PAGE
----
Latest farm accident sees man in 60's killed


A man in his 60s has been killed in an accident involving a tractor he was driving in Co Waterford.

Latest farm accident sees man in 60's killed

  • ADDED
  • 2 years ago

A man in his 60s has been killed in an accident involving a tractor he was driving in Co Waterford.

The man has been named locally as James Keane from Fahafeela in Kilmacthomas.

Mr Keane was heavily involved in his local IFA.

It is beleived Mr Keane was travelling from his outfarm when his tractor overturned.

Gardai are investigating the accident.
The news comes following the release of an ERSI report earlier today, with its main focus being farm safety.
The report found that the main reason of farm accidents around the country is due to farmers not getting help with difficult tasks.
The report also found that Irelands dairy farmers, young farmers and farmers with large areas of land are deemed to be the ones of highest risk when working on farms. It said that farmers with the largest areas of land are three times more likely to take risks by not wearing necessary safety gear, this in comparison to owners of smaller farms.

The report found that unmarried farmers were more likely than others to risk their safety by not checking their machinery. Farming is the most dangerous occupation in Ireland with the rate of fatalities reaching ten times the average. Recent figures from the past decade show us that a total of 197 people have dies in farming accidents, while this year so far has seen a total of 11 deaths.
The report found that failing to take key safety precautions was one of the main reasons for farming accidents. The most common as previously stated was not getting help with difficult jobs.

This was followed by not using safety gear, using PTO’s/machinery guards, using handling/restraining facilities in animal treatment, and also a failure to store chemicals properly and out of children’s reach.
Figures released in the report show that over 80% of this year’s fatalities have occurred in farmers over the age of 65.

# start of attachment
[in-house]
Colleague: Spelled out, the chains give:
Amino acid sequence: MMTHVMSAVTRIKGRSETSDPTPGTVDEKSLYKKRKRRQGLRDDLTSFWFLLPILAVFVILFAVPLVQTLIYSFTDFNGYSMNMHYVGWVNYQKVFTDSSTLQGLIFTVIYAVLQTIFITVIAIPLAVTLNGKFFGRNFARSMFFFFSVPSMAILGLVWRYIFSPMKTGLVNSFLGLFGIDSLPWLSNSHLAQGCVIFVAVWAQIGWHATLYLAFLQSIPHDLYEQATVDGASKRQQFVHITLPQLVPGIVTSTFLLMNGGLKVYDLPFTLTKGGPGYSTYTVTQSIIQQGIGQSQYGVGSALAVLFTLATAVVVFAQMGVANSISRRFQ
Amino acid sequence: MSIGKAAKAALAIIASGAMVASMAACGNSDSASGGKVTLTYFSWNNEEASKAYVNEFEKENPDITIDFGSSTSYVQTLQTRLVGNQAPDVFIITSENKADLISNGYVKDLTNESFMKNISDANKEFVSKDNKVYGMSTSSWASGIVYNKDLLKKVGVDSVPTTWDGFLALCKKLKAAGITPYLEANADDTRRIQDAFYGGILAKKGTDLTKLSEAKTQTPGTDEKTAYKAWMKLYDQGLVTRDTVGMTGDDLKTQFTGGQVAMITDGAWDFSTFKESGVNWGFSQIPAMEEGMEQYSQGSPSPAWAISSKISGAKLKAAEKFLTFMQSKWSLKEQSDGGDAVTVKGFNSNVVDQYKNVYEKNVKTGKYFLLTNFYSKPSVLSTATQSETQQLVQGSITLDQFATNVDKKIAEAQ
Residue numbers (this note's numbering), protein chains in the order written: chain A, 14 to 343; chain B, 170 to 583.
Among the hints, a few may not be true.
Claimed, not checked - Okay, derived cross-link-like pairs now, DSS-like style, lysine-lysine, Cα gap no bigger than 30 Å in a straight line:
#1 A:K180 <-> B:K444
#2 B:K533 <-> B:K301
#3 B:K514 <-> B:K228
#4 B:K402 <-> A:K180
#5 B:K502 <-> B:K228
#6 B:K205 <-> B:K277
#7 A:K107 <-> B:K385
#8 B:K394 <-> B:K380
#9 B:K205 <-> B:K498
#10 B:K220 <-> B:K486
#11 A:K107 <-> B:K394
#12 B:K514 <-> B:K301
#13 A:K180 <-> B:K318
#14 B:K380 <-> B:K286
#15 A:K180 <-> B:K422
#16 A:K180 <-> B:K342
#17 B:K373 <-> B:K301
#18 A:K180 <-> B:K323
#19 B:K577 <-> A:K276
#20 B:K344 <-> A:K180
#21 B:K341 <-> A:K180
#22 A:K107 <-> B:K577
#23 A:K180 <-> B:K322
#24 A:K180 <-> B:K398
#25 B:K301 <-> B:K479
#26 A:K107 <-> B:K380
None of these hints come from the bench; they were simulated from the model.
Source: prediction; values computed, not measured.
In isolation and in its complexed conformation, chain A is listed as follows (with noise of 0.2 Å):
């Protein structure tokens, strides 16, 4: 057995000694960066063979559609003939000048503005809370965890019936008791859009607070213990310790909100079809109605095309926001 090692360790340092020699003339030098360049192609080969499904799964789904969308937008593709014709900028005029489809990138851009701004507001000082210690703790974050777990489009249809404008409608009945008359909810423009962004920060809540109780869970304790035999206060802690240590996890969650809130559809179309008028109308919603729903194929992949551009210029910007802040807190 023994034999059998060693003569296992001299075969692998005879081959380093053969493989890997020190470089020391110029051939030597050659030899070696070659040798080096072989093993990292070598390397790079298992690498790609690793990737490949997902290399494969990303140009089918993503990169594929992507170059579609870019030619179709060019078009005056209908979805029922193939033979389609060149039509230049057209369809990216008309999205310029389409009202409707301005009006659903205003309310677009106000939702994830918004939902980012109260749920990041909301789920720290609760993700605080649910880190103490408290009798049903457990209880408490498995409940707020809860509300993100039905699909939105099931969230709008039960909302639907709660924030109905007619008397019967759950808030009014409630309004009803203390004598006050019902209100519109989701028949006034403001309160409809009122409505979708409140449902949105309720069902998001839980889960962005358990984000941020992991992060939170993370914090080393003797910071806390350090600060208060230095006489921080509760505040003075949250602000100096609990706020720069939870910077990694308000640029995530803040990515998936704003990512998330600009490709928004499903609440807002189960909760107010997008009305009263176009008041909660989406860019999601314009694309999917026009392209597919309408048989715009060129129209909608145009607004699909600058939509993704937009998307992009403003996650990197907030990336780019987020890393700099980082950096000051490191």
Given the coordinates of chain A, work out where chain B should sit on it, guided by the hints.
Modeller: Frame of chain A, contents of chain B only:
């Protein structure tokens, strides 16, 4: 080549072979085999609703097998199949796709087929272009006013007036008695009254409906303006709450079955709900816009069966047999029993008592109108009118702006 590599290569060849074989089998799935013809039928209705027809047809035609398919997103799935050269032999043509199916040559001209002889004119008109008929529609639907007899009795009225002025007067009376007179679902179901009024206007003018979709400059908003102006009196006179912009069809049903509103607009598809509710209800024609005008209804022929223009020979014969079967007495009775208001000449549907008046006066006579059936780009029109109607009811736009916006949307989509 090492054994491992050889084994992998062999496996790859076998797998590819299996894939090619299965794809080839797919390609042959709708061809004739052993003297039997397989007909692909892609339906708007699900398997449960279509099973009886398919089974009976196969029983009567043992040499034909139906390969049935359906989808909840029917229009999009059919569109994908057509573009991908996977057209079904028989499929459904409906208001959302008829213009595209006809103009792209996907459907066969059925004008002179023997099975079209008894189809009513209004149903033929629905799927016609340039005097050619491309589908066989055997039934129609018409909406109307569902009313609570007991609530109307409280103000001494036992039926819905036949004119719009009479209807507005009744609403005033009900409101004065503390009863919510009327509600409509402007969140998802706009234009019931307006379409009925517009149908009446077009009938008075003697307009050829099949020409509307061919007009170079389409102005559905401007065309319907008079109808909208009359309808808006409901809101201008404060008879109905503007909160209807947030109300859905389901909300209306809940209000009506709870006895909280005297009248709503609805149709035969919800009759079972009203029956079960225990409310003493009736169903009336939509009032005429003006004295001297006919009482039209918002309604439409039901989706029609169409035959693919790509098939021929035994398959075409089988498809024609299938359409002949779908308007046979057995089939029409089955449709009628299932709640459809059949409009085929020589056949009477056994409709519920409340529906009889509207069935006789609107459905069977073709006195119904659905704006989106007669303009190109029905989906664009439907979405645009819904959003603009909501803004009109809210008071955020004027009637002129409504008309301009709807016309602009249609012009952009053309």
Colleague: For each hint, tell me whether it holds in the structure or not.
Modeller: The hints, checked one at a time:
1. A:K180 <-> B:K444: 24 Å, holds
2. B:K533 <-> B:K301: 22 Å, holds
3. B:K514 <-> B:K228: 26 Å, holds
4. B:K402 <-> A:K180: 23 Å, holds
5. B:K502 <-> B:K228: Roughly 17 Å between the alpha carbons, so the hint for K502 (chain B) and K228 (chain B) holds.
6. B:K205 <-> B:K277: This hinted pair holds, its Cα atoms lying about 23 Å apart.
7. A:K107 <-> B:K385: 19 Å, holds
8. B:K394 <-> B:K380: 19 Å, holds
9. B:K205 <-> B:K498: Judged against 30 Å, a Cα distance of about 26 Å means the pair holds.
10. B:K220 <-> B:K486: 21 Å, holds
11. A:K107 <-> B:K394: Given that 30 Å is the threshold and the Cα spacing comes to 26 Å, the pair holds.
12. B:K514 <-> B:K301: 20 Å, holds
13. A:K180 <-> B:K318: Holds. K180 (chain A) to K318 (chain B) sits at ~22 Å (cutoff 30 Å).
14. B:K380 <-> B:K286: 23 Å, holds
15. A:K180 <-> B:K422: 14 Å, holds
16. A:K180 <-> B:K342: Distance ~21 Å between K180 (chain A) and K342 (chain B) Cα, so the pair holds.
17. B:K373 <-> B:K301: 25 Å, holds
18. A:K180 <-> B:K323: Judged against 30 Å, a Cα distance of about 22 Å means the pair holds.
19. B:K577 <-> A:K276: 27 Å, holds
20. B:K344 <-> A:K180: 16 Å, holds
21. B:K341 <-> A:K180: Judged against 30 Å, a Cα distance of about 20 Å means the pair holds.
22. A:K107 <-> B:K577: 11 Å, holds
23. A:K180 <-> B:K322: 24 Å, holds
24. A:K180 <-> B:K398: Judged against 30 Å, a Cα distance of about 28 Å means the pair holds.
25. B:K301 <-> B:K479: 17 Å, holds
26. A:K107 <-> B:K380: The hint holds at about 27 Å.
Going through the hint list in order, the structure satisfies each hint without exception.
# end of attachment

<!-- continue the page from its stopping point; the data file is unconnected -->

The report also queried farmers on potential farm accidents or near misses experienced.
The figures reported were that 12% of farmers, who participated in the survey, had been personally involved in an accident, while 27% were involved in a near miss, and 8% knew of someone who had been involved in an accident on their farm. Over half of farmers who had experienced an accident ended up changing a farm policy/structure as a result.

One of the authors of the report, Dorothy Watson , said “Farm safety is a critical issue. In the last seven years, 138 people have been killed in farm accidents, making farming the most dangerous occupation in terms of fatalities.
The results of this report highlight the significance of getting help with difficult jobs and checking machinery in reducing the risk of accidents in farming. Future policies should emphasise the importance of getting help with difficult tasks on the farm, as the research indicated that failing to do so is associated with a higher risk of accidents and near misses.”

Sinn Féin’s agriculture spokesperson, Martin Kenny, weighed in on the results of the report and the importance of farm safety.
He said that “Farming is the occupation with the highest risk of fatalities in Ireland, with a rate nearly ten times the average across occupations between 2009 and 2015 according to the report, which also finds that getting help with difficult tasks is key to improving safety’.

He also added that the days of seeking help are in the past “It used to be the norm that neighbours would help each other out for cattle tests, dipping sheep or other labour intensive or dangerous tasks on the farm. Very often, it is the thing that you get away with a thousand times, especially when working with machinery, that goes wrong once with tragic results.

He concluded by highlighting the importance of using safety equipment on farms, “Having proper protective guards on machinery is essential, particularly around PTO shafts and hydraulic pipes and above all, being aware of your own safety and taking all precautions. Working alone with machinery is always a risk.”
The report was carried out on 800 farmers and included 50 interviews with farmers in counties with high accident rates.

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